A virtuosic performance from Kiti Mánver is just the beginning of what Mamacruz’s glimpse at a Spanish woman’s third-quarter life crisis has to offer. A grandmother’s sexual (re)awakening in a tight Catholic community puts all the symbolic dominoes in play, and filmmaker Patricia Ortega knocks them down with sweet charm, unflinching sensuality and touching honesty. A vibrant and lovely character study, Mamacruz makes the most of its horny matriarch.
The life encasing Cruz (or Mamacruz, to her granddaughter) is a familiar cage. Her husband Eduardo (Pepe Quero) is clueless, a tired and sloppy old-timer whose silence sits beneath a haircut stolen from The Three Stooges. She stifles herself in a corset, long accustomed to bottling herself up for the expectations of someone who’s now become a platonic couch potato. Her life is routine, and depicted with care—even if her life indoors and in church pews is restrictive, golden-lit comfort makes it feel safe. She stays at home, mostly, leaving to go to Mass or mend fabric for the church. She FaceTimes her daughter, who left her preteen daughter with Cruz to follow her professional passions, but not as often as she’d like.
This iPad is where the trouble begins. Technology and the elderly: A recipe for disaster. Or porn, which is what Cruz accidentally clicks on when trying to surf a seemingly innocuous corner of the web.
Just glimpsing one hard, sweaty good time is all it takes to set her libido back in motion—a dire condition for a woman weathering not only bed death but deep religious repression. The charming, lustful interludes that follow are sweetly funny and filled with truly passionate cinematography. The nunsploitation and teen sex comedy versions of this story might be more salacious or gut-busting, but Ortega’s carefully observed eroticism evokes the sexual needs of someone with experience—someone who knows what they like, and why they like it. We all know that Cruz is going to be hot for Jesus (just look at him!), but Ortega slides her camera over his statues like a nuru massage. We feel Cruz’s eyes drip down the male form, extending past the lithe savior to appreciating even Eduardo’s frumpy curves and hairy nipples.
This desire—really, this entire role—could easily be overplayed, played purely for laughs, or be overwhelmed by the dominant premise. But Mánver is perfect, embodying this moving, endearing slice-of-life with the gravity of a veteran performer and the lightness of an artist embracing a new medium. She’s hesitant, grouchy, sneaky, coy, mournful—the script boldly fills her character out, but Mánver’s dynamic performance erases any possible staginess. She touches her lips, sucks in her gut and brushes out her hair with girlish longing. She tiptoes around the city’s gossiping cliques like a kid with a juicy secret. (Sex, ever heard of it?) She snaps and overbears, exasperated by where her own life ended up. And every step of the way, it’s impossible not to think of the future that awaits us, portended by those in our past. Mamacruz exists, and it’s because of Mánver.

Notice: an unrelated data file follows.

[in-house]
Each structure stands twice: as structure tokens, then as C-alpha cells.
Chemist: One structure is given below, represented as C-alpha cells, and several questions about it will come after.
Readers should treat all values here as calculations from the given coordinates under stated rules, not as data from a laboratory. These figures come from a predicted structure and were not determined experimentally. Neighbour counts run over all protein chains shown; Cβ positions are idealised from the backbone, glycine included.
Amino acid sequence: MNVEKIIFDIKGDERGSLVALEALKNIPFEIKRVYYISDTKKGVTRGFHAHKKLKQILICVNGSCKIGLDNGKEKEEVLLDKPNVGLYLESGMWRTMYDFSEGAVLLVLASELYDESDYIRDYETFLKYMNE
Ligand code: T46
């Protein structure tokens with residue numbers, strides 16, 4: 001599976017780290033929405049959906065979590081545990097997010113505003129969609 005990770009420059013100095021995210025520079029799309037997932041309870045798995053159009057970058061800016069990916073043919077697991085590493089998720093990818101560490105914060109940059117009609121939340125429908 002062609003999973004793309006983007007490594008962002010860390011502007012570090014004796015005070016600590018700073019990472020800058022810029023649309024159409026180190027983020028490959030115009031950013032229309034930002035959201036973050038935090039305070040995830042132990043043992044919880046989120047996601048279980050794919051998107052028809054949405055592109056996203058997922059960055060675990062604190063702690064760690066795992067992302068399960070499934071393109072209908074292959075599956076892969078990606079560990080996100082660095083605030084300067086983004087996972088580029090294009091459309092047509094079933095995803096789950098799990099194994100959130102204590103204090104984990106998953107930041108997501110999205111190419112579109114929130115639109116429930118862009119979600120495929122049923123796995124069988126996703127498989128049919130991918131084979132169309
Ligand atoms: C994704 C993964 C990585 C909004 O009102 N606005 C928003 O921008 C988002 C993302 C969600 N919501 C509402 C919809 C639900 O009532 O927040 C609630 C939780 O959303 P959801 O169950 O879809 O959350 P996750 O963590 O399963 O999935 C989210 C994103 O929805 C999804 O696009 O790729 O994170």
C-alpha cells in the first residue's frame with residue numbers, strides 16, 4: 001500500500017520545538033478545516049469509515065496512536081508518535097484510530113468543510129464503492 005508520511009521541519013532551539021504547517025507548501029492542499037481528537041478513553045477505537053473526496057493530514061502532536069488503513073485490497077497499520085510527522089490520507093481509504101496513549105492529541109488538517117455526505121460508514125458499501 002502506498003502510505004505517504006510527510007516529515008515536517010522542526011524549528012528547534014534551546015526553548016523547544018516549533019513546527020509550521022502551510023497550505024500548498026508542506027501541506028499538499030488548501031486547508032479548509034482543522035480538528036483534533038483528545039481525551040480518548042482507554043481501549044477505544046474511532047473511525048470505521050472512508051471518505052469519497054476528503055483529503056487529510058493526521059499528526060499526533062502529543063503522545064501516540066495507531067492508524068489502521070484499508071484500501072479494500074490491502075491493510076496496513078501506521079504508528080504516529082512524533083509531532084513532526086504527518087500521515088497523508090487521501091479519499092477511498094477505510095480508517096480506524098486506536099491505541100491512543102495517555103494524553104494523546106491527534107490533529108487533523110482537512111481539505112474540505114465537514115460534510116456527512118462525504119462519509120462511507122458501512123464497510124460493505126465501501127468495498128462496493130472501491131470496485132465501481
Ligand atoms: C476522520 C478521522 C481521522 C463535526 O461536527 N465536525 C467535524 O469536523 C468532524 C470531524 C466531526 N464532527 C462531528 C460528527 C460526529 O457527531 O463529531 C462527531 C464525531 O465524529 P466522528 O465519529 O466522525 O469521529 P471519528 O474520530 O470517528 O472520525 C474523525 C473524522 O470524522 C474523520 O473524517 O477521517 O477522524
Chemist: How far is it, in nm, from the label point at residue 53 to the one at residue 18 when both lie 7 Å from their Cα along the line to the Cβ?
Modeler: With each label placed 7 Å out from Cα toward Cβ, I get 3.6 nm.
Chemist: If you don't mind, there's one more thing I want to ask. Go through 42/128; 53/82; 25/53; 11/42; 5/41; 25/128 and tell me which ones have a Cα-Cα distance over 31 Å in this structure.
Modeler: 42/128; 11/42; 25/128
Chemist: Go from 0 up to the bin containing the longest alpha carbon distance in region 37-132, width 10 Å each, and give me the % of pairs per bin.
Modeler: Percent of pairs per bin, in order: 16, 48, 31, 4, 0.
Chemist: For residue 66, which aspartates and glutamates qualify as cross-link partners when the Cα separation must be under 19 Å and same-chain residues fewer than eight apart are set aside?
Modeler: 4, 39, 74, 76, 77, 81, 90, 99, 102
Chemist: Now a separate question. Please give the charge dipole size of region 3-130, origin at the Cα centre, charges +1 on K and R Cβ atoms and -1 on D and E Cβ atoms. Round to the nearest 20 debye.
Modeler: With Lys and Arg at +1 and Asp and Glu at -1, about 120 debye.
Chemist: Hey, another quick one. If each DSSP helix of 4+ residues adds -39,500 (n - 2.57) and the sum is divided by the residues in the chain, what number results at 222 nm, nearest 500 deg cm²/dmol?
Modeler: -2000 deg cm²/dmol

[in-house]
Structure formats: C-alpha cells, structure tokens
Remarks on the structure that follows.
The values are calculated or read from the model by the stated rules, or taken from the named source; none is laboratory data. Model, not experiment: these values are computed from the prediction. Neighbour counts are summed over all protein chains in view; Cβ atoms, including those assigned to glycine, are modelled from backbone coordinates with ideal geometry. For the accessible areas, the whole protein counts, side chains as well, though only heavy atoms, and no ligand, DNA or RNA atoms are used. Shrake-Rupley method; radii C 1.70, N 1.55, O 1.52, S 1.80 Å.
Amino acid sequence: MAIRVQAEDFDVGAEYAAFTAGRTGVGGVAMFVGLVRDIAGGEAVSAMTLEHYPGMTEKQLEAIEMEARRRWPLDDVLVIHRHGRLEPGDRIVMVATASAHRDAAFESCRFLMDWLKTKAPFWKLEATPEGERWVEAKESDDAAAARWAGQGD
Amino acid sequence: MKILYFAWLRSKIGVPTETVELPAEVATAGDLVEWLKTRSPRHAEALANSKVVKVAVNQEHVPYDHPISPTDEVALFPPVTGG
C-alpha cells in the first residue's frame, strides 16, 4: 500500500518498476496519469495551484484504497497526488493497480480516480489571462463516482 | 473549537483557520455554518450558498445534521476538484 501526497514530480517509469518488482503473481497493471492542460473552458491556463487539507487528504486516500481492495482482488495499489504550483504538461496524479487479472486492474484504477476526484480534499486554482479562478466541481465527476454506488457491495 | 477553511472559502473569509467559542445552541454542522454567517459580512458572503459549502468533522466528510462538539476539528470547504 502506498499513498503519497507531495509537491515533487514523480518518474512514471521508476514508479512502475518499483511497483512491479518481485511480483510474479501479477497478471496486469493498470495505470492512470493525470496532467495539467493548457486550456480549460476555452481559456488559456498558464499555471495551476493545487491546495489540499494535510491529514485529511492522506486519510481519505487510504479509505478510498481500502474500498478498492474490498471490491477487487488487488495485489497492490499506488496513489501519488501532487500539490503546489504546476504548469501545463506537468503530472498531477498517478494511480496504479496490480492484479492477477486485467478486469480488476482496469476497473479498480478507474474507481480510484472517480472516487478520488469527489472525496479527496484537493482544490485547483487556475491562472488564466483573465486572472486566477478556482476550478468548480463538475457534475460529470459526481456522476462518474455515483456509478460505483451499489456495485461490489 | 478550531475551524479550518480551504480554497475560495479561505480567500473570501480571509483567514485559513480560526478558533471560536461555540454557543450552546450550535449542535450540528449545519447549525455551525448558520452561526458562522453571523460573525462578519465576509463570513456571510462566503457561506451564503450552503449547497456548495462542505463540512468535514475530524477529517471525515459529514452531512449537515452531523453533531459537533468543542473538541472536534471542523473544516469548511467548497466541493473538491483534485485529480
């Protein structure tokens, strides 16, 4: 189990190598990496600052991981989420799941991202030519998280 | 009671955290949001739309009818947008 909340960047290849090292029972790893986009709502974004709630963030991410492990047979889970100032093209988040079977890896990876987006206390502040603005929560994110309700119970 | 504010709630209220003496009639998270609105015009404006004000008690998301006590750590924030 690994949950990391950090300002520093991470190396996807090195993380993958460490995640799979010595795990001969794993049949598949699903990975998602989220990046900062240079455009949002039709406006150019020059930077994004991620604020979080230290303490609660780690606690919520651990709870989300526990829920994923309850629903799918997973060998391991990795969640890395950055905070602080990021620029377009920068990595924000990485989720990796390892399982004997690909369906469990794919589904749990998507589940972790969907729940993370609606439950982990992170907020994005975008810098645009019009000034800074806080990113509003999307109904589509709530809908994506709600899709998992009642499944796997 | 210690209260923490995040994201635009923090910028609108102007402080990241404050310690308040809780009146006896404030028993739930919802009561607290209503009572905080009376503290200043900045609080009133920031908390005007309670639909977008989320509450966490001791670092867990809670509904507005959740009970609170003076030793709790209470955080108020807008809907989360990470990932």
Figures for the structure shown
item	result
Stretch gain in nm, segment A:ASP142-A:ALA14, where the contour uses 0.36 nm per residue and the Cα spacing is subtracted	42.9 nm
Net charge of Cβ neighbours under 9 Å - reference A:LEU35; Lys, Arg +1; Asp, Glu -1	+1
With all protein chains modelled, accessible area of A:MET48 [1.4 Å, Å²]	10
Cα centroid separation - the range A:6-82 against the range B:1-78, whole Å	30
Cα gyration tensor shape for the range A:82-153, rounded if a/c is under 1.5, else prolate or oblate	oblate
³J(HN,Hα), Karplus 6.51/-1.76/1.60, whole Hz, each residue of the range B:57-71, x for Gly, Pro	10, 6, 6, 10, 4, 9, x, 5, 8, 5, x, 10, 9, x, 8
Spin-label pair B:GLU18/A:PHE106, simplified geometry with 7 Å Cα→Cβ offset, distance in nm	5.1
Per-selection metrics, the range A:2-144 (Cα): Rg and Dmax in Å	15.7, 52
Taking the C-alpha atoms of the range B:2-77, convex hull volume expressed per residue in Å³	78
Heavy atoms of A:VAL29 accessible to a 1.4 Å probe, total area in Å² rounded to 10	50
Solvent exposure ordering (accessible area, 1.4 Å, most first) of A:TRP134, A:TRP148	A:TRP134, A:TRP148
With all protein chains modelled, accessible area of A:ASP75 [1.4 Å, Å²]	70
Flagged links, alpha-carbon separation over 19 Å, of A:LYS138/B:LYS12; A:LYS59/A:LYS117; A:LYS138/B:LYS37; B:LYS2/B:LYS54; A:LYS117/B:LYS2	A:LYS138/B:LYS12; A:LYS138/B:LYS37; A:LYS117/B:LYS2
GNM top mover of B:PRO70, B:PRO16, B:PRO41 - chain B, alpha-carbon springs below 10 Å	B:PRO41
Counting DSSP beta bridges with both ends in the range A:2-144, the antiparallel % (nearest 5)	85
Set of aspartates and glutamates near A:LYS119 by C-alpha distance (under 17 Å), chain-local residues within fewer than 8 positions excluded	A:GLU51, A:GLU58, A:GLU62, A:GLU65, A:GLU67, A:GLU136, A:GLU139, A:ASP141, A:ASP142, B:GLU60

Mamacruz uses her best when throwing her in the deep end with a group, expanding its more isolated narrative paradigm into a hang-out movie. Cruz runs headlong into a sex therapy group filled with charming, brash older women—cougarish widowers, cancer patients who want to jump their nurse’s bones, busty women with back problems—with whom she can commiserate. It’s not that Cruz needs to unlearn anything, rather that she needs to remember what used to be so fun. She’s got a past that isn’t the doting, chaste grandma. Everyone does. Watching them shoot liquor, smoke weed and goof off is inherently joyful, and a reminder that Ortega’s realistic handling of her ensemble is partially why Mánver’s turn is so arresting.
As Ortega and cinematographer Fran Fernández Pardo alternate between bottling Cruz up in her shadowed, cramped, homochromous home and letting her loose out in the ornate and multicolored world, this accelerating visual respiration—in and out—builds up to a glorious climax. Her marriage, her family, her religion, her childhood, her profession—everything can coexist with her evolving relationship towards her own physicality. While there’s nothing especially novel about Mamacruz’s confrontation of this common Catholic guilt trip, there is still something endearingly unexpected about an older performer getting the same bodily respect and freedom as a younger star. It won’t always be worth mentioning when an actor pushing 70 is allowed to look hot naked in a movie, but until that point, we should all be excited when a movie eroticizes someone outside of our culture’s extremely narrow beauty standards. Especially when that someone owns the screen as effortlessly and radiantly as Mamacruz’s Kiti Mánver.
Director: Patricia Ortega
Writer: Patricia Ortega, José Ortuño
Starring: Kiti Mánver
Release Date: January 20, 2023 (Sundance)
Jacob Oller is Movies Editor at Paste Magazine. You can follow him on Twitter at @jacoboller.
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